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Kevin McKinney

Yeah, that's a pretty remarkable jump in the anomaly, all right. Wish I had something to say about that I haven't already said about some of the previous developments of this extraordinary melt season.

(Shakes head.)

Artful Dodger

The drop in sea ice area is impressive. More impressive is the date it occurred.

The Arctic Basin began its annual melt about 12 days earlier than 2009.
(look at the far left of the Arctic Basin graph).

Earlier onset of melt allows loss of more ice. Later freeze-up allows less to regrow.

When the length of the melt season passes a tipping point, Arctic Basin ice will be unable to recover and we will soon have a seasonally ice free Arctic (I estimate 2013).

If other feedbacks continue to extent the range of melt/freeze dates, we will have a perennially ice free Arctic Ocean (a recent paper said perhaps only decades from now).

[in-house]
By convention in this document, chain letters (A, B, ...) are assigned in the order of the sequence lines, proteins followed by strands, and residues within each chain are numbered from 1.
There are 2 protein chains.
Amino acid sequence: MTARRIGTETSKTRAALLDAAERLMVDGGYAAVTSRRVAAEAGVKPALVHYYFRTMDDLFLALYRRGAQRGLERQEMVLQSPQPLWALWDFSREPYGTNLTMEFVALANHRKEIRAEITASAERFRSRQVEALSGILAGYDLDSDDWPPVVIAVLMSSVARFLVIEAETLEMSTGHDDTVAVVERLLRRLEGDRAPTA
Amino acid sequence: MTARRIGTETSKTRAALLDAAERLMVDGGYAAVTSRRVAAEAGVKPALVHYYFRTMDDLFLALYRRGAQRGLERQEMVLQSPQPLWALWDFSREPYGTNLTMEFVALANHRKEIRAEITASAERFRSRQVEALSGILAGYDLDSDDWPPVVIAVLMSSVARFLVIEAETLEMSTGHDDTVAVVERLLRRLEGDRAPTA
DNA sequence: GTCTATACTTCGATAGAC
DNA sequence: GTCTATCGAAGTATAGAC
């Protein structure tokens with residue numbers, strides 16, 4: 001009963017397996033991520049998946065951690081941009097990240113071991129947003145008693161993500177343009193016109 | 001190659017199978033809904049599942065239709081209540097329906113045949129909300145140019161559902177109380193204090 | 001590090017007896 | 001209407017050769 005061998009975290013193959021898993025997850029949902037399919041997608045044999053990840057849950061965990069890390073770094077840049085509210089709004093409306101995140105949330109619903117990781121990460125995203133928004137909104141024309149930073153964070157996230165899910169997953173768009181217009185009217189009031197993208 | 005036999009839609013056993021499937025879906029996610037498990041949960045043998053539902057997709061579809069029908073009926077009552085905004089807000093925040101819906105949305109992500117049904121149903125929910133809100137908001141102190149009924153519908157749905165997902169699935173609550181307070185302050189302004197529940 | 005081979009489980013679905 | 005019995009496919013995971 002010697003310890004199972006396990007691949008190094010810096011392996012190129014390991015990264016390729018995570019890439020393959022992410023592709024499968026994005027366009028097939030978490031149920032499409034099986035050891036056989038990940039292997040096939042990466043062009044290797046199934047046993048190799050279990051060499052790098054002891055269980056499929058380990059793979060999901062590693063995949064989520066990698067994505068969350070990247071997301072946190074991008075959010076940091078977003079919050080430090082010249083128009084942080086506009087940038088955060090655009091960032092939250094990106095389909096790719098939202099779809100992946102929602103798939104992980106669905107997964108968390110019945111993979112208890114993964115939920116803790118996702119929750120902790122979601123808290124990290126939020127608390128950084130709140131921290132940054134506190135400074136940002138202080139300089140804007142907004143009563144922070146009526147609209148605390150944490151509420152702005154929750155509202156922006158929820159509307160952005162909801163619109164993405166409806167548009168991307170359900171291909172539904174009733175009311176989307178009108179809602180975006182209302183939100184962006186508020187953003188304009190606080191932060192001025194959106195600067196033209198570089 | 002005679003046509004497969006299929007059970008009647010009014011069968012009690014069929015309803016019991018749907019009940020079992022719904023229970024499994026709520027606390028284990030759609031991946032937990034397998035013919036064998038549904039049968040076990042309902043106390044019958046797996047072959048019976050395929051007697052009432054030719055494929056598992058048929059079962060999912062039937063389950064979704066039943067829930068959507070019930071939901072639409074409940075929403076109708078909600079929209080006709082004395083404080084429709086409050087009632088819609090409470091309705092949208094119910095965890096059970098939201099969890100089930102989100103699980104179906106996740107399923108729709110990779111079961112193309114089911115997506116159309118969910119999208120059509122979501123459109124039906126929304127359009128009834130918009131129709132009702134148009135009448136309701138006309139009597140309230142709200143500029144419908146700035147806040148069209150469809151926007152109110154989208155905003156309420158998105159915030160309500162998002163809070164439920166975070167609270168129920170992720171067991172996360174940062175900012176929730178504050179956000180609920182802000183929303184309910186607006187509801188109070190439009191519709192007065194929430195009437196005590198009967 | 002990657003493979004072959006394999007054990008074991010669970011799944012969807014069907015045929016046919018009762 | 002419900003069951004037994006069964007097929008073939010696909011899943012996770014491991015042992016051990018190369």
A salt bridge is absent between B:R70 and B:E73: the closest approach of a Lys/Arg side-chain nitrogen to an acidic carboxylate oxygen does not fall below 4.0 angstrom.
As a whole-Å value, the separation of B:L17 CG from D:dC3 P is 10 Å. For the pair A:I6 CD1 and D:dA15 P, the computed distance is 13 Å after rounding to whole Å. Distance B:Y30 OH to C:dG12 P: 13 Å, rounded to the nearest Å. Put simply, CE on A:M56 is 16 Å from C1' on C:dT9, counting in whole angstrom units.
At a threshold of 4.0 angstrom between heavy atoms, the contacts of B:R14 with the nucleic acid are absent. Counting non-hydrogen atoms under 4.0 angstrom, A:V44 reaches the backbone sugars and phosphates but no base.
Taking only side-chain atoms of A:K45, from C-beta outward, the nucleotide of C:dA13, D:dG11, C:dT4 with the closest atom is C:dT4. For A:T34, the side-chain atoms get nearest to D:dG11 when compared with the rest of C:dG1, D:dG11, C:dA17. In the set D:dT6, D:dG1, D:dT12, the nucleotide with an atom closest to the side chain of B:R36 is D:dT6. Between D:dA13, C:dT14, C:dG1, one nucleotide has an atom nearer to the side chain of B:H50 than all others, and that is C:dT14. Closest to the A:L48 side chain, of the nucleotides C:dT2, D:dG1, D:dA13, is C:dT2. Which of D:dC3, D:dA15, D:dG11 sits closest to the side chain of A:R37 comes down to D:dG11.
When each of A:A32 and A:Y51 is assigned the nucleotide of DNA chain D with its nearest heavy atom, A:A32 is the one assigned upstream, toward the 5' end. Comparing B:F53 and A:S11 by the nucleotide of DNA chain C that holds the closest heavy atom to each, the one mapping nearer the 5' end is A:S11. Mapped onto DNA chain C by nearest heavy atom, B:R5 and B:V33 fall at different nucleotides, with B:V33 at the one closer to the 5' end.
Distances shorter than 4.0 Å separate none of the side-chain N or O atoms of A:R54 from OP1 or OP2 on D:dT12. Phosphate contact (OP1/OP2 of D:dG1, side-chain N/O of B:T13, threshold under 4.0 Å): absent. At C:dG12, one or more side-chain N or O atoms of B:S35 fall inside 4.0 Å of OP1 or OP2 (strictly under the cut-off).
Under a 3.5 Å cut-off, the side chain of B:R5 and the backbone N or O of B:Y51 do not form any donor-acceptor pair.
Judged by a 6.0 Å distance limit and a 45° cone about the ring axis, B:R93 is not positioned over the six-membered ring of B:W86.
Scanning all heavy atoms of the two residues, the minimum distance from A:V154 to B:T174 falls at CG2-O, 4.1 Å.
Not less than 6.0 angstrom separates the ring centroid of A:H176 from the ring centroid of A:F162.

Then, when summer SST's reach 28C, we will see Arctic hurricanes. How's that for alarmist?

Kevin McKinney

(Shakes head--again.)


Dodger, have you got a reference for that paper? I'd like to look it up...

Artful Dodger

Hot-NZ, i refer to you to this paper:

"Nonlinear threshold behavior during the loss of Arctic sea ice"
from the Proceedings of the National Academy of Sciences
December 24, 2008

You can read the complete paper online:

I also recommend this (PDF available at the bottom of the link above):
"Tipping Elements in Earth Systems Special Feature: The future of ice sheets and sea ice: Between reversible retreat and unstoppable loss"

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